Other objects of the invention not at this time particularly enumerated will become more readilyapparent as the nature of the invention is better understood, and the same consists in the combination and arrangement of parts shown in the accompanying one sheet of drawing, in which,
Fig. 1 is a fragmentary perspective view showing one corner of a window panel man- Fig. is a view similar to Fig. l showing the completed corner trimmed and in condition for use.
Fig. 3 is a fragmentary plan view illustrating one step in the manufacture of the window panel.
Fig. 4 is a plan view further illustrating a step in the method employed in manufacturing the panels. I
Fig. 5 is a sectional View taken substantially along the line 5-5 of Fig. 4 showing the dies acting on the material.
Fig. 6 is a sectional view taken substantially along the line 66 of Fig. 4, also showing the dies in position, and
Figs. 7, 8 and 9 are views similar to Fig. 6 illustrating successive steps undertaken in the die pressing operation.
In all of the above described views, similar characters of reference are employed to designate similar parts throughout. A rectangular piece of sheet material is shown at 10 and this sheet metal piece is provided with a rectangular shaped opening 11 and is adapted to be subsequently shaped into the form of a window panel having a front portion 12 and a continuous flange 13 of a shape corresponding to'the shape of the window opening and adapted either to be inserted into the window opening or to comprise in itself the Window opening. In shaping the material to the desired form and thus carrying out the present invention, a number of corrugations 16, 18, 20, 22 and 24 are formed in the material adjacent the corners which subsequently is to form the continuous flange. A score line may be provided as at 26 to mark off the portion which forms the flange from the remaining or front portion of the window panel. While these corrugations may be formed of any desirable size or shape, it is preferable, where a simple continuous flange is to be formed, to form these corrugations of tapered form, as shown in Fig. 3. In this figure a comparatively large sinuous corrugation is formed in the sheet material which subsequently forms the flange, diagonally on the bisector of the angle to be formed, additional corrugations being formed divergingly about this bisector as an axis, such corrugations being gradually diminished in size remote from the corner to be formed and gradually assuming an angle of 90 with respect to the nearest side of the rectangular frame. The material from which the flange 13 is formed is, when corrugated, as disclosed above, adapted to be bent to form the continuous flange, the material of the corrugations becoming opened out to form a uniformly angular flange.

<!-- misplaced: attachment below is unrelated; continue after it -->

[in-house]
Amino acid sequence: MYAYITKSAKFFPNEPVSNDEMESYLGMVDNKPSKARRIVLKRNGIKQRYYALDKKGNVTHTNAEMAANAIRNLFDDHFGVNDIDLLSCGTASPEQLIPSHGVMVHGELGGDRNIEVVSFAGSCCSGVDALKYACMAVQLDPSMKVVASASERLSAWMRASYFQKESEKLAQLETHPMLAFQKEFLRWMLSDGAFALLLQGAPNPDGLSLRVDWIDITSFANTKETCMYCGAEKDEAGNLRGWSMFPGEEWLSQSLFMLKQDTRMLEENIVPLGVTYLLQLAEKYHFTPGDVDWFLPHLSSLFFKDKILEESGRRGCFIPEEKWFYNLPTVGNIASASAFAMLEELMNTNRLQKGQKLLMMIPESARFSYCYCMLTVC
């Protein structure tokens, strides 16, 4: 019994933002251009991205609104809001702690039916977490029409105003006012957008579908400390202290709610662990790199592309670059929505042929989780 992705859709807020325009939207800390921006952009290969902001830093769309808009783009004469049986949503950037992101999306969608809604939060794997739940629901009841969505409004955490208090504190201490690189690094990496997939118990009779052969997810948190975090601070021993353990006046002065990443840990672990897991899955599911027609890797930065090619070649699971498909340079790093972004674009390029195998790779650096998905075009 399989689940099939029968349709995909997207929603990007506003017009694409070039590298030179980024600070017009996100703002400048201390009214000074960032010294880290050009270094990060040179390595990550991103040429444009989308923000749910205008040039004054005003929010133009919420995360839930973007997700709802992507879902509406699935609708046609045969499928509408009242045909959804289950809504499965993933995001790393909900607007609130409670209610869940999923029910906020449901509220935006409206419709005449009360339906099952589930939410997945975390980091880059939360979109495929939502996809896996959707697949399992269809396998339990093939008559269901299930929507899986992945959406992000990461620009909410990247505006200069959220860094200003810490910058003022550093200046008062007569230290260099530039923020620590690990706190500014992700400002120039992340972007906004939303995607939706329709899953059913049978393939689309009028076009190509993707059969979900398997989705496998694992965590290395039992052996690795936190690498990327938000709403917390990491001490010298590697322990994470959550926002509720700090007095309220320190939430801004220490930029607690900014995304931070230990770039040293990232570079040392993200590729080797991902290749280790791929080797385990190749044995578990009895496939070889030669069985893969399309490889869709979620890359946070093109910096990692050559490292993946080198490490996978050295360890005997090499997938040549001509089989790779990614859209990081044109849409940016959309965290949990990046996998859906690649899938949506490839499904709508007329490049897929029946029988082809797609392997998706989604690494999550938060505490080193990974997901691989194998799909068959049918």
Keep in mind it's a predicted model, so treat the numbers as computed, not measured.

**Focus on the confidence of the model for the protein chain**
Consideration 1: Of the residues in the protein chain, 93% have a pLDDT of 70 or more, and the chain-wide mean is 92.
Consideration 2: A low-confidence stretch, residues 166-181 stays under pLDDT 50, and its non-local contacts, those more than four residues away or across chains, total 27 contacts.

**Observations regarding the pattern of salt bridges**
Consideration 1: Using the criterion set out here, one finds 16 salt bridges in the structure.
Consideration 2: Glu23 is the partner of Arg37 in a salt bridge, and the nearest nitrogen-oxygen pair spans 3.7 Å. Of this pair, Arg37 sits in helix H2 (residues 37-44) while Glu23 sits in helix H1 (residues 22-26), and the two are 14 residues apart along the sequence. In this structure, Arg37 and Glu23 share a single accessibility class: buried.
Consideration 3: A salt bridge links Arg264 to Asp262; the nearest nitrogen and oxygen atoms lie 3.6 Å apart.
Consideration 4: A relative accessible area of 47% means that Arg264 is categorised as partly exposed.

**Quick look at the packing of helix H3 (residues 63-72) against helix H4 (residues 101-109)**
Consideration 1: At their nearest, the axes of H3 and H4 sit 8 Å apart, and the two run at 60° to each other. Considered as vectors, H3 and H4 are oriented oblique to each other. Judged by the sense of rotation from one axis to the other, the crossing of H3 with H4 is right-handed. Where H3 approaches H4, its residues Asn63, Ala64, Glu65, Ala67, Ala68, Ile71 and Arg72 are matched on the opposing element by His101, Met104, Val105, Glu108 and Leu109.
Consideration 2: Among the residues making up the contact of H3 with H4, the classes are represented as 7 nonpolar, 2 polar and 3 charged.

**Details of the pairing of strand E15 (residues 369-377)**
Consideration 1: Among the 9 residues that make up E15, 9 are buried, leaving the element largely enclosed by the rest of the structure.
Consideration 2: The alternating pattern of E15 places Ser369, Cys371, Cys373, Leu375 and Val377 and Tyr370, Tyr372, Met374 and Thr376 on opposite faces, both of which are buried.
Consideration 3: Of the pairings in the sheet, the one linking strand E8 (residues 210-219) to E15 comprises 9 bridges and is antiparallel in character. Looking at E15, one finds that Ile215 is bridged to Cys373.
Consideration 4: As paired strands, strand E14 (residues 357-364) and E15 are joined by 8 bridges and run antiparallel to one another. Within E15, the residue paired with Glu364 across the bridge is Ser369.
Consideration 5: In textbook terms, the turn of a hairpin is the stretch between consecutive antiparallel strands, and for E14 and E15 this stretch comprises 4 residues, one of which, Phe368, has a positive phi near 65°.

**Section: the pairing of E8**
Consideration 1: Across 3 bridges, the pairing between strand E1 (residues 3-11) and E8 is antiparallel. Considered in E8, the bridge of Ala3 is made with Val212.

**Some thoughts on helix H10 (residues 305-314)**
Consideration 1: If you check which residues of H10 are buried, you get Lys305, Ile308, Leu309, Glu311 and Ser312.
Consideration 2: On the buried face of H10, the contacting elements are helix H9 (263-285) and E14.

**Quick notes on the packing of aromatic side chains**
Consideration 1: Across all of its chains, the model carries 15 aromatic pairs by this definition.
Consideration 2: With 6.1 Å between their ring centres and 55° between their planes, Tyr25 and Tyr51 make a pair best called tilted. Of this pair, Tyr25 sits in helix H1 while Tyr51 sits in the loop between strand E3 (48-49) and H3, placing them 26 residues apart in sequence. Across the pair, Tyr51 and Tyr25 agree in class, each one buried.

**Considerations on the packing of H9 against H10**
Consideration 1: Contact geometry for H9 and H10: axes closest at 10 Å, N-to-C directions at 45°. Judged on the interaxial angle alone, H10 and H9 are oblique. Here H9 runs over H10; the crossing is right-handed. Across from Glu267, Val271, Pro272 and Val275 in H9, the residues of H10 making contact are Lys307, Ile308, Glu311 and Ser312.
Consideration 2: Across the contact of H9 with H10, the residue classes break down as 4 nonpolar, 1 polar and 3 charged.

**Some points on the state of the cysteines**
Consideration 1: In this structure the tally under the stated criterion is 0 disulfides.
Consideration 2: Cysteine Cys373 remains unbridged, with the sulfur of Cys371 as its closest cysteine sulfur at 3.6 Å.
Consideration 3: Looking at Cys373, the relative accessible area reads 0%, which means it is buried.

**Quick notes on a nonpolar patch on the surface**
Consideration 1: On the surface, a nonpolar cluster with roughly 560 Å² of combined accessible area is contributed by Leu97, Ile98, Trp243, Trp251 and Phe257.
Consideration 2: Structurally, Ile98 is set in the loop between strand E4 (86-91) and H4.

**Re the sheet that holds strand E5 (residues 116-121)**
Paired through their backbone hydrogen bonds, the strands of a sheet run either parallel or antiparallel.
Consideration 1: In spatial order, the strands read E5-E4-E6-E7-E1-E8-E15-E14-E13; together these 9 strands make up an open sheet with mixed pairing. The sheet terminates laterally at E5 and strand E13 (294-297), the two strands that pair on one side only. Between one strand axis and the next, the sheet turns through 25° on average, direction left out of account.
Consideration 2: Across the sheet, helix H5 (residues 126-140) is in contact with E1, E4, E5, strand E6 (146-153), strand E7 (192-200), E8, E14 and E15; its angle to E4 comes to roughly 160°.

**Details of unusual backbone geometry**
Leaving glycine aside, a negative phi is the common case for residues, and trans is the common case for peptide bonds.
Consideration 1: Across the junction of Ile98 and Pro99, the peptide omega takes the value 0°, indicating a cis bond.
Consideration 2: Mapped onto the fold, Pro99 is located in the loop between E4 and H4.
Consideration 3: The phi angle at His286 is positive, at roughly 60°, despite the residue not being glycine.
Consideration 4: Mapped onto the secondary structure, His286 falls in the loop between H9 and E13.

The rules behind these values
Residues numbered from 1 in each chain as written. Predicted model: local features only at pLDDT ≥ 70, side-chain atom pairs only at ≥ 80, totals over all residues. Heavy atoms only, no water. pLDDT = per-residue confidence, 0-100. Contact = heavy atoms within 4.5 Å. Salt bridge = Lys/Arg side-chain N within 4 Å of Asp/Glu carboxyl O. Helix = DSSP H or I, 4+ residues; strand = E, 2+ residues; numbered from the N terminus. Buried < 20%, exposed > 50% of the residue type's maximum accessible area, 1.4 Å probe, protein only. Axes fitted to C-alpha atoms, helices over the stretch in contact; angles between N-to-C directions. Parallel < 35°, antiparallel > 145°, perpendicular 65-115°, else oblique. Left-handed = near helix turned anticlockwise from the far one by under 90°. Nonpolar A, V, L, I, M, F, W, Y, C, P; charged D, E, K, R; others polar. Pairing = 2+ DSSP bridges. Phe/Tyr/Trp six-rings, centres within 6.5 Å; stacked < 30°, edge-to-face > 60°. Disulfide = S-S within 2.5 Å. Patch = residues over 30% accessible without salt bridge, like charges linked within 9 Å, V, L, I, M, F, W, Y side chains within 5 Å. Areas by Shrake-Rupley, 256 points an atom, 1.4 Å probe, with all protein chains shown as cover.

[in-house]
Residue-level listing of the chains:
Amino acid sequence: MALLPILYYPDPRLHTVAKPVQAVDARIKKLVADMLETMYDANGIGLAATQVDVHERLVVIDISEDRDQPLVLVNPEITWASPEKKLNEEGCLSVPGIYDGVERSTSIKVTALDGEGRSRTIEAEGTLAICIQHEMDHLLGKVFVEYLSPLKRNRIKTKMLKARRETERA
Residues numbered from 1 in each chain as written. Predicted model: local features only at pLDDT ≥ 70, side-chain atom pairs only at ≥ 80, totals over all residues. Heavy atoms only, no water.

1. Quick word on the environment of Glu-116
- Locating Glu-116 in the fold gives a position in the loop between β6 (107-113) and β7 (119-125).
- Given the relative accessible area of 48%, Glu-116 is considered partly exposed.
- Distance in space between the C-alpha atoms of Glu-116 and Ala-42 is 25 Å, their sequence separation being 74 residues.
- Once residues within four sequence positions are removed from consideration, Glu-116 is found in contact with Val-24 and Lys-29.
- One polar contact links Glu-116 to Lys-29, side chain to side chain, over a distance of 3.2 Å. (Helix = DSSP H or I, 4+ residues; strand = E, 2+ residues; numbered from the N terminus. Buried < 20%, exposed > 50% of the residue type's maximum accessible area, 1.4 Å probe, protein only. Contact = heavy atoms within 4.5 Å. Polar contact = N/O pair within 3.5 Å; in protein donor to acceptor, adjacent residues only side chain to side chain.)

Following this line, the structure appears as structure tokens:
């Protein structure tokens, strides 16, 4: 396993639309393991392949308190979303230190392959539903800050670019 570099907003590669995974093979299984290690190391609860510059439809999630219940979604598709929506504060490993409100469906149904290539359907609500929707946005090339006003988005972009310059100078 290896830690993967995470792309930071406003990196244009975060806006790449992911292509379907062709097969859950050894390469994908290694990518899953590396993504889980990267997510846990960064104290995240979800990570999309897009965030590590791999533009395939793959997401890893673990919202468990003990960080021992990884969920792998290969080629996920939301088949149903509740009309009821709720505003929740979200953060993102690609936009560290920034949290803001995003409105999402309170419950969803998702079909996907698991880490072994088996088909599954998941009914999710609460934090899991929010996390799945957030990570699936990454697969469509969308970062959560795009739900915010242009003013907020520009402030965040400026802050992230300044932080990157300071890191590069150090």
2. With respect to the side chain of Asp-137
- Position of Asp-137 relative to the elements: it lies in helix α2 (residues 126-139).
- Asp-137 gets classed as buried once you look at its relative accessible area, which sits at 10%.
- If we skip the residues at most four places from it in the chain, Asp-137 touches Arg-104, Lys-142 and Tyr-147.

The corrugations may be formed in any suitable manner and may, if desired, be made merely by crimping the material adjacent the corner. However, for the best results, it is preferable that the corrugations be formed by suitable dies, not shown, but which are of such a form as to form corrugations in the material as shown, to materially increase the area of the sheet material at points adjacent the corner to be formed. It is-also preferable that the corrugations be formed of such size and in such a manner that they will increase the area of the sheet material adjacent the corner to be formed by an amount sufficient that the subsequent die pressing operation may be performed without the danger of rupturing the material as the slack provided by the corrugations is taken up and the operation of the actual drawing of the corner is performed. In other words, the corrugations provide an increased amount of material adjacent the corner which is sufficient to permit the subsequent die pressing operation to be performed insuring at least sufficient material for evenly drawing the corners.
As shown in Fig. 5, the metal forming the corrugations is actually drawn metal, and therefore, it is obvious that this metal must necessarily be stressed beyond its elastic limit to produce permanent deformation. The amount of material produced by the draw may be varied to suit various manufacturing conditions. Where the material employed is readily susceptible to the drawing operation, less excess metal need be furnished by the drawing than where the material is comparatively brittle. As a general rule, however, it is preferable that sufiicient metal be produced by the draw to permit the final drawing of the material into the flange to be performed without undue strain.
While the metal forming the corrugations is drawn metal, the metal between the corrugations, or in the lands, remains substantially the same. During the final drawing operation of forming the flange, these lands are first acted upon and drawn beyond their elastic limit until these lands attain an elastic limit substantially the same as the elastic limit attained by the corrugations during the preceeding drawing operation. When this condition exists and the elastic limit of the material Which forms the flange is substantially uniform, even drawing of the flange takes place and the material formerly forming the corrugations, together with the material formerly forming the lands, are uniformly drawn beyond their elastic limit to completely eradicate all trace of the first deformation, and thus the flange formed is continuous and regular in its appearance and attains the form shown in Figure 1. The ex-- cess material is then trimmed to form the final article as shown in Figure 2.